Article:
The U.S. and European high yield markets generated strong gains in the second quarter amid increased investor optimism about a V-shaped recovery and market support from governments and central banks, notably the Federal Reserve’s corporate bond purchasing programs. U.S. high yield rose 9.5% in April through June, producing the largest quarterly gain since the third quarter of 2009, while euro-currency high yield rebounded 12.2% in the second quarter. With these strong results, year-to-date performance retraced to -6.2% in the U.S. and -5.8% in euro-currency.
In the U.S., spreads tightened 227 basis points, from 949 basis points in March to 722 basis points at the end of June. Spreads in Europe trended similarly, compressing 290 basis points to close the quarter at 611 basis points. While higher-rated bond segments outperformed early in the quarter in reaction to government asset purchase programs, CCCs led the quarter with a 11.6% return, though BB-rated bonds still had the smallest year-to-date losses at -3.3%. Energy, gaming & leisure, and housing were the top performing sectors in the quarter.
At the end of June, the U.S. high yield default rate reached a 10-year high of 6.6%. During the quarter, 47 companies defaulted, filed for bankruptcy, or completed a distressed exchange; the $82 billion of bonds affected surpassed the prior record of the first quarter of 2009, and the six-month total already ranks as the second highest annual default amount on record behind 2009. Energy, retail, and consumer were the most impacted sectors. In Europe, high yield default rates remained muted during the quarter, ending at 1.5% as of June.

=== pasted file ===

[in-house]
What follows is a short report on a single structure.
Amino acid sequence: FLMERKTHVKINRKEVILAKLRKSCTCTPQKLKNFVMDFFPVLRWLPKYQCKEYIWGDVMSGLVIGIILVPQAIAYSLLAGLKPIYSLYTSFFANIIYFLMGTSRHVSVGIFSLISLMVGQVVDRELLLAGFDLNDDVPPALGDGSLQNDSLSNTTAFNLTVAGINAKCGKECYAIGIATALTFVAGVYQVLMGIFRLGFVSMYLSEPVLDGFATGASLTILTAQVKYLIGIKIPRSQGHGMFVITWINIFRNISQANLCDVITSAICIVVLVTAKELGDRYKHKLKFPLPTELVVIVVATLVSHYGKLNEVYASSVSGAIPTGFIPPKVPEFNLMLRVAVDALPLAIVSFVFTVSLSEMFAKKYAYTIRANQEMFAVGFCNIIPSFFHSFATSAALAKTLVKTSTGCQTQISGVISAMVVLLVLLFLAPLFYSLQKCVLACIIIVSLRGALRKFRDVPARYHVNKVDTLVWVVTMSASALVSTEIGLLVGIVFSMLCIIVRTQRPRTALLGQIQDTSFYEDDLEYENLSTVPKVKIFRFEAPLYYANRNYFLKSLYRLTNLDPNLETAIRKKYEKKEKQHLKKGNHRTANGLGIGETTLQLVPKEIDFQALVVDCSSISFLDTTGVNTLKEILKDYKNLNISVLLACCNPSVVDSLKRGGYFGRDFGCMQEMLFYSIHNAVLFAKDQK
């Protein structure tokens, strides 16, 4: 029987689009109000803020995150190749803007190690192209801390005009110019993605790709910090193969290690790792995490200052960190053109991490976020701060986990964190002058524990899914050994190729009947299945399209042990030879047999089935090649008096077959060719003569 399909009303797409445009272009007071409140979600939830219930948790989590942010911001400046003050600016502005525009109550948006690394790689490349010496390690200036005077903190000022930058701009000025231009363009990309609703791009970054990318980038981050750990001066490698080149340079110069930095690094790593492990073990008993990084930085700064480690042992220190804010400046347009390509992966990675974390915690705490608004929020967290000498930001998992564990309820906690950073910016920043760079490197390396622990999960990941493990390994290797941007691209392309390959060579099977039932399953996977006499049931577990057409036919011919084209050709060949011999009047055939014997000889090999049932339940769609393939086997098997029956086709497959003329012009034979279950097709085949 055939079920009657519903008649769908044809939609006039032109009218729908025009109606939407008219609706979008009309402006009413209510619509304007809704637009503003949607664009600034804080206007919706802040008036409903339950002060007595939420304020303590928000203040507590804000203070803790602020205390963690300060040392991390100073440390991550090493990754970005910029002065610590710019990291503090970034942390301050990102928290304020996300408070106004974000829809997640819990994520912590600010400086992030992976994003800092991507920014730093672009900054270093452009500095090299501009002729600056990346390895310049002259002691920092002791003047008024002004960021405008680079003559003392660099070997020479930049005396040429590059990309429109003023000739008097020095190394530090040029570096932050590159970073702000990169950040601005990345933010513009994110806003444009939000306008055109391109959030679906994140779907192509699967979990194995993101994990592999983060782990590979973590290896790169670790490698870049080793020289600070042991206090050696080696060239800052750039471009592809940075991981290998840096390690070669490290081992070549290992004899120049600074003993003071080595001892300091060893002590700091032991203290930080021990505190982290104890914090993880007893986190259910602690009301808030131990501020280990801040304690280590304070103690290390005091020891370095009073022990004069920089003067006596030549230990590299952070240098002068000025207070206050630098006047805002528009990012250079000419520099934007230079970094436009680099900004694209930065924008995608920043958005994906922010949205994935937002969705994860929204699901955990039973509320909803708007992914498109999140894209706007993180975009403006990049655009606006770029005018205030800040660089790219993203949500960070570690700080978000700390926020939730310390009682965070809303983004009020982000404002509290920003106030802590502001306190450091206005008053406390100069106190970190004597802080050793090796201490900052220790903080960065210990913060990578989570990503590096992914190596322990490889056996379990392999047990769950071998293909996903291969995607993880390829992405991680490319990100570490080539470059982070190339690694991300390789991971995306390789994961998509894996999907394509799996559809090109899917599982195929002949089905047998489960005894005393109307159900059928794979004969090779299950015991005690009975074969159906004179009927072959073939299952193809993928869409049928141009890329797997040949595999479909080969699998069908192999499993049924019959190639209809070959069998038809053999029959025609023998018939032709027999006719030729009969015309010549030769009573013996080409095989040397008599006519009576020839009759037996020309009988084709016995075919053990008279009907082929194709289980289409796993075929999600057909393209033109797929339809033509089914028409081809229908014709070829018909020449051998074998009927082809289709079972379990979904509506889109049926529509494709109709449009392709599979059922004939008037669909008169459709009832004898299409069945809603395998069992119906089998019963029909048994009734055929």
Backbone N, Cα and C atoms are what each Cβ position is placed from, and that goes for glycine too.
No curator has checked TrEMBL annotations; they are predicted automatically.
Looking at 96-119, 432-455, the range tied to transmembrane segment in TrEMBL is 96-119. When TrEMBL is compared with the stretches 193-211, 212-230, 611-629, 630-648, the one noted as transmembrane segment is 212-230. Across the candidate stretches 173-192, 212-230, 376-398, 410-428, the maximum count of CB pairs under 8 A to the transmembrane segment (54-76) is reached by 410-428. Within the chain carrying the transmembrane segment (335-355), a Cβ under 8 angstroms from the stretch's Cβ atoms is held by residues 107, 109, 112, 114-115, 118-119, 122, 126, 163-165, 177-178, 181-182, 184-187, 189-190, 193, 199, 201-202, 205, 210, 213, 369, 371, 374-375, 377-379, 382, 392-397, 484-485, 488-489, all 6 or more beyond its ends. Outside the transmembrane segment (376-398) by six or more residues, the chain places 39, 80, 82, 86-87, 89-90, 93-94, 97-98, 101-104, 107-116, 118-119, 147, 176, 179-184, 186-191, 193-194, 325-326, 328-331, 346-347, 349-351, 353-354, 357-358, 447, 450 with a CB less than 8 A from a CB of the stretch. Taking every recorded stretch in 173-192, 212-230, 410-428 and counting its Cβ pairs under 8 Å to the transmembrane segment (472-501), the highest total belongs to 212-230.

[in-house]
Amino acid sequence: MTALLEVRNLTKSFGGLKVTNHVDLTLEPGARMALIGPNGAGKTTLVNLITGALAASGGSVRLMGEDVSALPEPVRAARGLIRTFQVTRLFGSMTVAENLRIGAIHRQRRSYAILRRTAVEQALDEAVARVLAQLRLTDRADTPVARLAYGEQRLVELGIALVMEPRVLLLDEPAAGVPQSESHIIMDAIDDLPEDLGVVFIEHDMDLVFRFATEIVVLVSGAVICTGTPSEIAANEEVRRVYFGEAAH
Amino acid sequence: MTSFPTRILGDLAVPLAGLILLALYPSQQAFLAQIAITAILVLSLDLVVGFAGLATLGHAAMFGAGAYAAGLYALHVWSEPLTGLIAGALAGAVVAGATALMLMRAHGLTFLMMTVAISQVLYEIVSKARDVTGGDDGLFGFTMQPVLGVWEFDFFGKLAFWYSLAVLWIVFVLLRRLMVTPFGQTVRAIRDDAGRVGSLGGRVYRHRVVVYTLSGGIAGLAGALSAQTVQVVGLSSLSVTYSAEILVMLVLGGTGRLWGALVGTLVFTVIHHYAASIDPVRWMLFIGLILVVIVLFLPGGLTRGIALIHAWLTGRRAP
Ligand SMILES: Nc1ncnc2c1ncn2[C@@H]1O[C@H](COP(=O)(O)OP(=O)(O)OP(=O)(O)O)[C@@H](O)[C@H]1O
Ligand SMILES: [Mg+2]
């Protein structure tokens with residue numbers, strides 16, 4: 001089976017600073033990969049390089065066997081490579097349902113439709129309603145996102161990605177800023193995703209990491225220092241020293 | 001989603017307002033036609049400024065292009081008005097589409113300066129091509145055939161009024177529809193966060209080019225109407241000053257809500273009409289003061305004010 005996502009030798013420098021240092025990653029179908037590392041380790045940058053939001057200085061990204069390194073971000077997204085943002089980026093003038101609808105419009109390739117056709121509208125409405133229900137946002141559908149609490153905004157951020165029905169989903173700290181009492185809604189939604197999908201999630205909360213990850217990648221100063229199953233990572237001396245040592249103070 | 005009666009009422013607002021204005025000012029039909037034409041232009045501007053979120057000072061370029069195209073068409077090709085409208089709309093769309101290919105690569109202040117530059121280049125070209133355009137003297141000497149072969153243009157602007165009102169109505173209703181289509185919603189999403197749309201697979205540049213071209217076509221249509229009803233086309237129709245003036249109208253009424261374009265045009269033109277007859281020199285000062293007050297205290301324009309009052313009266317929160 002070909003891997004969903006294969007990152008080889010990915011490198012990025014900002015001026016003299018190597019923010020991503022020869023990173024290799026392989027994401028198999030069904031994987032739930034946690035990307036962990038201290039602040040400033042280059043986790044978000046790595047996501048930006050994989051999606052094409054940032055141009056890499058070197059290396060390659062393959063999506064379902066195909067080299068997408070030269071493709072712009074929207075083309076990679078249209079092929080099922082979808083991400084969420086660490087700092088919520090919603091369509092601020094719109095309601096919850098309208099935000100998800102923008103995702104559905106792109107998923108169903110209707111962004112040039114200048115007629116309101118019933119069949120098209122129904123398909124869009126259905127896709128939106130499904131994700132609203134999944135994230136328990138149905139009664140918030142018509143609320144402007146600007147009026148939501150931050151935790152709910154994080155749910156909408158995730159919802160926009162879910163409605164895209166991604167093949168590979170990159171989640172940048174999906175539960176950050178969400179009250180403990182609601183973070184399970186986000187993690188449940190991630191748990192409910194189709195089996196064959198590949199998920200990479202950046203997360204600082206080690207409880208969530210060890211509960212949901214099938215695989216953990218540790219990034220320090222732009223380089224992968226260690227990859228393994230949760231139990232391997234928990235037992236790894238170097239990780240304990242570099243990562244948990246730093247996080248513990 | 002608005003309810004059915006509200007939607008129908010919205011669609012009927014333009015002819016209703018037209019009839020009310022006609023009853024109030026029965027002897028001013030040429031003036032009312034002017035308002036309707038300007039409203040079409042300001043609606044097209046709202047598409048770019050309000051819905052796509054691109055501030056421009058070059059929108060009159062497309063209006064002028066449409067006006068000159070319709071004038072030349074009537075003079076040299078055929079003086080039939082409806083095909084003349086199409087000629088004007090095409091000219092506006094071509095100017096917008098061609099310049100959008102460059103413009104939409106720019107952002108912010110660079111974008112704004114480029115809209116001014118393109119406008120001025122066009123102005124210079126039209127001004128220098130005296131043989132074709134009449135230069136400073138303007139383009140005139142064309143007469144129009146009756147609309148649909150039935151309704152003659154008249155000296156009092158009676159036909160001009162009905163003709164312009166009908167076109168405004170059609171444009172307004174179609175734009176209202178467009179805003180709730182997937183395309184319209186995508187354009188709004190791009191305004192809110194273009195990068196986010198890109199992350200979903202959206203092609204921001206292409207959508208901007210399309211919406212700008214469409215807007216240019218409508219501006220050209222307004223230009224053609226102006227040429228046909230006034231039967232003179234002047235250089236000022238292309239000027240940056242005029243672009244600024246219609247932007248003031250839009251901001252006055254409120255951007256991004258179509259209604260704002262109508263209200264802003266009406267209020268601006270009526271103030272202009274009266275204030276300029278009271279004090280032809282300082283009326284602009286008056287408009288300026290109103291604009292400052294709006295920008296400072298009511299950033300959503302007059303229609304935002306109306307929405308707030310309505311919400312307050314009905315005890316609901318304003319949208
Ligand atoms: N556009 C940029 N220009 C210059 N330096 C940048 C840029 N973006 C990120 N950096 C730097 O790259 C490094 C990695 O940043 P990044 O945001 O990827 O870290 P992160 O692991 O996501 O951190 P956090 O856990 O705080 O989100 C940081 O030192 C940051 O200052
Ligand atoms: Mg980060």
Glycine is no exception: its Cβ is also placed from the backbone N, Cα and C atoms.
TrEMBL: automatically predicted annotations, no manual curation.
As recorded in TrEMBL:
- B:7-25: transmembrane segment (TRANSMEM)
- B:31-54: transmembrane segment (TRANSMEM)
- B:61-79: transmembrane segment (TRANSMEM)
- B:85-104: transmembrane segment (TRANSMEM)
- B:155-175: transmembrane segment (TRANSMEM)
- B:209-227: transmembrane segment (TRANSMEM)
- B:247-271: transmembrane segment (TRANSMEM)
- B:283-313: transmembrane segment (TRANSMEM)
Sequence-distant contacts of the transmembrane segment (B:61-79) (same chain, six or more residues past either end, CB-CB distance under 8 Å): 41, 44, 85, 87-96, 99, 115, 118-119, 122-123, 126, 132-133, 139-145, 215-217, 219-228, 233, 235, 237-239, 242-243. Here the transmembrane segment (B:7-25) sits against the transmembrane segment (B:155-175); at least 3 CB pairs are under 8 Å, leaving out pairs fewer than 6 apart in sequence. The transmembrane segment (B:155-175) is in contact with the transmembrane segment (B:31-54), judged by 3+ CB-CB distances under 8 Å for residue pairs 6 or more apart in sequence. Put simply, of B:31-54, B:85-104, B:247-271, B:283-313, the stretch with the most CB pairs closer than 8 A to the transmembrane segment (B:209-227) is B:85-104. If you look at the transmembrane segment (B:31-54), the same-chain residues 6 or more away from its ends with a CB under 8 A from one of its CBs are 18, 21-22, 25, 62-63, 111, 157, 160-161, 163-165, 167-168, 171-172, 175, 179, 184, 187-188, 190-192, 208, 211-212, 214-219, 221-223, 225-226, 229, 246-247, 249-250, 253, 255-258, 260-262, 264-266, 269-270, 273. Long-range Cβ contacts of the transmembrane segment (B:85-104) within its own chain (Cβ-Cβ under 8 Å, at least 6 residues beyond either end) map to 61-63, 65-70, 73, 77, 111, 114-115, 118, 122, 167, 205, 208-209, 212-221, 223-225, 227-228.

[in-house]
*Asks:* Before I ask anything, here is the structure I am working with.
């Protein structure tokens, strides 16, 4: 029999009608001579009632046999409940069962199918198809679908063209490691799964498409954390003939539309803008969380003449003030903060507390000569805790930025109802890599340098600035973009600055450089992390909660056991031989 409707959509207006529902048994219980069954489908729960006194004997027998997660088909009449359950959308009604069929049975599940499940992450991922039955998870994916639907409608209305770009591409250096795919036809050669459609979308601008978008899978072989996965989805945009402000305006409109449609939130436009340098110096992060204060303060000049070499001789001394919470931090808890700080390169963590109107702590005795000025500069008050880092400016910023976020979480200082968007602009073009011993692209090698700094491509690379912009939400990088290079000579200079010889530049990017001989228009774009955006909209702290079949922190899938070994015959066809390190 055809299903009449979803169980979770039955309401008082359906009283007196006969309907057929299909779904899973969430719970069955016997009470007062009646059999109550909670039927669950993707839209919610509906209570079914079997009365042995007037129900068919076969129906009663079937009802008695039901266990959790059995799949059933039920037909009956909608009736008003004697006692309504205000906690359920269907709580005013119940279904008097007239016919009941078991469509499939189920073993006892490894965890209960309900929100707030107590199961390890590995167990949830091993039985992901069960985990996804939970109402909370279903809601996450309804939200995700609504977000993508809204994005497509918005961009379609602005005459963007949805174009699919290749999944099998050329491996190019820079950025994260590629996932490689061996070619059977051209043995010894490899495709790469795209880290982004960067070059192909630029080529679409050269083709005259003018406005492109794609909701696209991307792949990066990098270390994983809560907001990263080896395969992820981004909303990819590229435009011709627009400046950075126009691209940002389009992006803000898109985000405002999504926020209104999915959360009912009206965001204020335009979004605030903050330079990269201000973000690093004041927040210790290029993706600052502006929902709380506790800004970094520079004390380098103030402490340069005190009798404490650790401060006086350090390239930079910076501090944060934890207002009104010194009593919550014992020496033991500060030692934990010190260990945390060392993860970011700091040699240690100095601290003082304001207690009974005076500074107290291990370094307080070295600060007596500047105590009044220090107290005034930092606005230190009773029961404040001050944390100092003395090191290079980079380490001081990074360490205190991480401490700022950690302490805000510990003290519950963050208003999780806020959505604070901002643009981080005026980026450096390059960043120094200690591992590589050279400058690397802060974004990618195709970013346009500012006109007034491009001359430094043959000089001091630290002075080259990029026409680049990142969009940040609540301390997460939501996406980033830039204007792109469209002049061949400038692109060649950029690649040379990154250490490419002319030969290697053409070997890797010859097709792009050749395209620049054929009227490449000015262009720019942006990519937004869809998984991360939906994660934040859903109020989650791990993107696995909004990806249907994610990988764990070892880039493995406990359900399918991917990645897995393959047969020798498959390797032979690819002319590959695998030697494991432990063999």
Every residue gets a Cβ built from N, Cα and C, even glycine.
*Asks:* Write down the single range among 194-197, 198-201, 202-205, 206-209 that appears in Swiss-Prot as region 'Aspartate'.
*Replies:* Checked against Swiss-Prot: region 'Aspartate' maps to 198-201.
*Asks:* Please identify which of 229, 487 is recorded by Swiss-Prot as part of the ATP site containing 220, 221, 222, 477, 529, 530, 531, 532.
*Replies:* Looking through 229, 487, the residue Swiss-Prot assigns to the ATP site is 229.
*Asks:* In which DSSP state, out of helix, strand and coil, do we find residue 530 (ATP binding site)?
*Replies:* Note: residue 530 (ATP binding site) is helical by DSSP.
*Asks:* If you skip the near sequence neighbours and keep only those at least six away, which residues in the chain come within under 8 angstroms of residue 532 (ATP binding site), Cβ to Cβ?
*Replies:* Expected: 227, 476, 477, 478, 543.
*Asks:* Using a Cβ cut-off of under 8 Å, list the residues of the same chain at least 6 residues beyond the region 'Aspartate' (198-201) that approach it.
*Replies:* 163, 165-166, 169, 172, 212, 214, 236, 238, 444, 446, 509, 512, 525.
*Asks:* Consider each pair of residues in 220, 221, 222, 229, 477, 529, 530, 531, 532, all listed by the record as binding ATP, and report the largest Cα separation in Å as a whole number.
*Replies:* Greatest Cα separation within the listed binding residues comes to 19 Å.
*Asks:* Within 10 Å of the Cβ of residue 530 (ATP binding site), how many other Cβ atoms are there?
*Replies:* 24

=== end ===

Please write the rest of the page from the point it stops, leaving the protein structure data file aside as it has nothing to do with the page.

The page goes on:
U.S. high yield new issuance set records in the second quarter, with gross volume of $146 billion eclipsing the prior high of $121 billion in the second quarter of 2014. Of note, June was the most active month of all time, with $62 billion of new issues, and several of the sectors most impacted by the effects of COVID-19 – such as casinos, energy, and automotive – were among the most active in raising capital through the primary market. Conversely, in Europe, new high yield supply was slow to recover in the second quarter, with primary issuance limited to €20 billion.
After nearly $12 billion of outflows in March alone, U.S. high yield mutual funds reported record inflows of $47 billion in the second quarter of 2020. April, May, and June represented three of the four highest monthly inflows of all time. In contrast, U.S. loan funds experienced their 21st consecutive month of outflows in June, bringing the total capital redeemed to approximately $80 billion over this period. European high yield funds took in approximately €5 billion in April through June, partially offsetting the nearly €8 billion lost in the first quarter.
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Less of the high yield market is trading at distressed levels since spiking in March.
Higher quality bonds have outperformed lower quality bonds in the U.S., but returns by rating are less differentiated in Europe.
Spread dispersion in the lower-quality CCC segment continues to increase.
Downgrades from investment grade to high yield have grown significantly in 2020.
U.S. high yield inflows hit a record $47 billion in Q2 2020 after $17 billion of outflows in Q1 2020.